Albuquerque – Part 1

Sixteen years ago, fate decided that I would live in a dorm room on the 22nd floor of Lincoln Tower during my freshman year at Ohio State. The interesting thing about this was that the other person who fate decided would live there was a person named Will.

Will has a PhD in Quantum Physics, which I always thought was something that made-up scientists in movies had. He is a prolific rock climber, is an impressionist painter, was a member of the OSU rugby team, and dabbles in three styles of traditional dance. Not coincidentally, some of the coolest things I have ever done in my life featured Will close by, not the least of which included getting married. So when he told me that he was moving to New Mexico and that I should come visit, the decision to take his advice was pretty easy.

I left on Friday morning for a marathon day of travel that included driving to Indianapolis for a flight to Dallas to connect me to Albuquerque. I spent three nights in town, the first of which I was introduced to the best tacos I have ever eaten (braised ox tail), some excellent local beer (Tractor Brewing), and fantastic ice cream (with chile in all of it).

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Sunrise over the Sandias

The following morning we got up early and drove up to the crest of the Sandia Mountains which tower over the city so that we could catch sunrise.

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It had snowed in the mountains the night before, so when the sun was fully up the scene was pretty magical.

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Mountain Chickadee

Birding was only an incidental part of my trip, but I absolutely was prepared to see all kinds of new species, for I had never previously before been to the Southwest. Once the sun was fully up, I began to notice the activity of alpine birds that I had been reading about. The first of the trip was a Mountain Chickadee, a lifer which perched nicely in front of the orange stucco of the Sandia House lodge.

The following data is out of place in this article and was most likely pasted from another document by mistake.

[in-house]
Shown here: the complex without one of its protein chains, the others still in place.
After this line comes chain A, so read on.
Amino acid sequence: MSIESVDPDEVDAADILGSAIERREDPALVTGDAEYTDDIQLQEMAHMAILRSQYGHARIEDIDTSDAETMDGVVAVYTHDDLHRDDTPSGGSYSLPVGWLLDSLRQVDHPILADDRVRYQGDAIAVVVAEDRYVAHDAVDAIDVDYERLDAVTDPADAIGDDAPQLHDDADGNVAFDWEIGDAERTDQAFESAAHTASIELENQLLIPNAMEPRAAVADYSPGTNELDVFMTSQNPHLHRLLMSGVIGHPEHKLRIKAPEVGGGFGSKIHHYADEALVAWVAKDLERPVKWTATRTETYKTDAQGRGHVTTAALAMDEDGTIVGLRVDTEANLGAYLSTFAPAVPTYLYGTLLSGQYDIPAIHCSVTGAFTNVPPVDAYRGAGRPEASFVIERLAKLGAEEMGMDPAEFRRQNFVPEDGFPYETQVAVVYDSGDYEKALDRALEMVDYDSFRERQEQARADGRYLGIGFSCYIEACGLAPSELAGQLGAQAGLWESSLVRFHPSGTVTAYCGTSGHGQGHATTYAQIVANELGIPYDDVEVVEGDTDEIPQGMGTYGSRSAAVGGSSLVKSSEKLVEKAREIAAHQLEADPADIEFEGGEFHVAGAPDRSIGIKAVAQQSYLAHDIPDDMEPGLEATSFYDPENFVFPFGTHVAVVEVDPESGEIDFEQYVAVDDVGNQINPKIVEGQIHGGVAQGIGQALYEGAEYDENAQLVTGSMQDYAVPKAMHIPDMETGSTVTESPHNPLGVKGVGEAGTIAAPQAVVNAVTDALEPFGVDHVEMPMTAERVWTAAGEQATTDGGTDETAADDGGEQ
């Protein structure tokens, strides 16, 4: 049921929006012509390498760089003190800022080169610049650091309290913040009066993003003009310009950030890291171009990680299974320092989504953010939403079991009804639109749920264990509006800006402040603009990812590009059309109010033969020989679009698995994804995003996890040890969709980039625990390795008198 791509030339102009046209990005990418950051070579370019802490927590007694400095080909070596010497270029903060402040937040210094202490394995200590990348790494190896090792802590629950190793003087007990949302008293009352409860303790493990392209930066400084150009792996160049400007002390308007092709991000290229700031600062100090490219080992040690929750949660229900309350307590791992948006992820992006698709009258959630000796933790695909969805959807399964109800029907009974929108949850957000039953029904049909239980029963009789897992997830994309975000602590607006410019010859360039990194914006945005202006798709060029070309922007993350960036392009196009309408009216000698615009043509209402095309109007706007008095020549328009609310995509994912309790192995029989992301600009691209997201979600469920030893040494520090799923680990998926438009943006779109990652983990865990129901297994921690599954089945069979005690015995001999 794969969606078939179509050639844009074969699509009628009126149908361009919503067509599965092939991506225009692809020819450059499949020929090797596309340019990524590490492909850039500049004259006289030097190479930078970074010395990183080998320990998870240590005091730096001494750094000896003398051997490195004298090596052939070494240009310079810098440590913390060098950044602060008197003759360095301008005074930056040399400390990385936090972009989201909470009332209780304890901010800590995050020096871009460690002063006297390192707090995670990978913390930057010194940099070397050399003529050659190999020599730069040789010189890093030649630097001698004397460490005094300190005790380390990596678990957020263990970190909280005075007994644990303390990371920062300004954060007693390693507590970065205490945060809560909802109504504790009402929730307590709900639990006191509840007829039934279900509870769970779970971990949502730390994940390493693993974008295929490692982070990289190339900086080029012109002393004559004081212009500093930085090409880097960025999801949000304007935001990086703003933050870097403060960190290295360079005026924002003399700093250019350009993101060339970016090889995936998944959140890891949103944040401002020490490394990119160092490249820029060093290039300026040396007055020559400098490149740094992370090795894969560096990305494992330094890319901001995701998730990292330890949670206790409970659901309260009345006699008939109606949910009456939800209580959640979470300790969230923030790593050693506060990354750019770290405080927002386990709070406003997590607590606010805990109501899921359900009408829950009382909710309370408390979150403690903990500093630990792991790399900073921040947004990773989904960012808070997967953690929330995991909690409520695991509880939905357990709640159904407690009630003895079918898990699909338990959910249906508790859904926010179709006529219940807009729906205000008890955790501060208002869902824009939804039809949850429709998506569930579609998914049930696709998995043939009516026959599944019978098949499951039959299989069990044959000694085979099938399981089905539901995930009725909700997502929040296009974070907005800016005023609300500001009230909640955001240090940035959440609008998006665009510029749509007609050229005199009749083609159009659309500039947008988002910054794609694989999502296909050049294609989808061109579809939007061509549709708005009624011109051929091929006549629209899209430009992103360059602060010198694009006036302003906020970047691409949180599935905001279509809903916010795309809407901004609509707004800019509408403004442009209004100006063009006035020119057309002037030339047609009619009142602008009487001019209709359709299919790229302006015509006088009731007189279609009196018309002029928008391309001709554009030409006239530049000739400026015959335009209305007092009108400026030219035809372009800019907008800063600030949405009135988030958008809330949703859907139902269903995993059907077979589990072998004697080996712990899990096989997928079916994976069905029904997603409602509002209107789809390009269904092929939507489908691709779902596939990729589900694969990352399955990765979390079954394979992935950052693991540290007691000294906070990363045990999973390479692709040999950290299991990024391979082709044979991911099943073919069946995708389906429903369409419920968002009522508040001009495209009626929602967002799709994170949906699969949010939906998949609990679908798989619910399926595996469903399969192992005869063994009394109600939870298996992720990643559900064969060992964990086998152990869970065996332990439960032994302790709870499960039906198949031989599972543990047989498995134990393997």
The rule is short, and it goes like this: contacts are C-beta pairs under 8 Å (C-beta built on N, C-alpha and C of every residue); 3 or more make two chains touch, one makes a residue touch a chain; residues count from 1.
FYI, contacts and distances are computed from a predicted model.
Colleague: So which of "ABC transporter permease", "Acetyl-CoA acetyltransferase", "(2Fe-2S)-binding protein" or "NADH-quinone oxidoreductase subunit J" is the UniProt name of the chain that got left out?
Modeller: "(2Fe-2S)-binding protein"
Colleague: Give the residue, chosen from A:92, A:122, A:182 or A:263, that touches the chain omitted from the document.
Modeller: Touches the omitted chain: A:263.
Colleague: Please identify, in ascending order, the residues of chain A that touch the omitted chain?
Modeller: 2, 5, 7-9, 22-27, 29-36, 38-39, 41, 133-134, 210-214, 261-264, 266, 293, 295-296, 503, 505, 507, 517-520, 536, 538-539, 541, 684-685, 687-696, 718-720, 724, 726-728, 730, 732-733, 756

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But the scenery was so brilliant that I didn’t observe long. We hiked along the crest as the sun came up, and the shadow over the city below gradually receded.

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Albuquerque viewed from 10,600 feet

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The snowy mountains, accurately described as “dramatic af”

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Black Rosy-Finch and Gray-crowned Rosy-Finch

By the time day was in full swing and more people began joining us on the trails (which I discovered were covered with waist-deep snow in places), we had to head back down so that Will could make a tango rehearsal for his role in an opera performance. I was energized despite the altitude making me feel like I had a hangover, and I became even more pumped when a small flock of the birds I had been hoping most to see landed in one of the spruces next to Sandia House. Of the three species of the Sandias’ most famous and celebrated birds the Rosy-Finches, I was able to pick out two of them: Black and Gray-crowned Rosy-Finches, respectively. In the three hours we spent on the mountain, I saw three species of bird, but all three were lifers. The combination of the sunrise, the scenery, and maybe some mild altitude sickness had me feeling all light headed but happy. It was a great morning.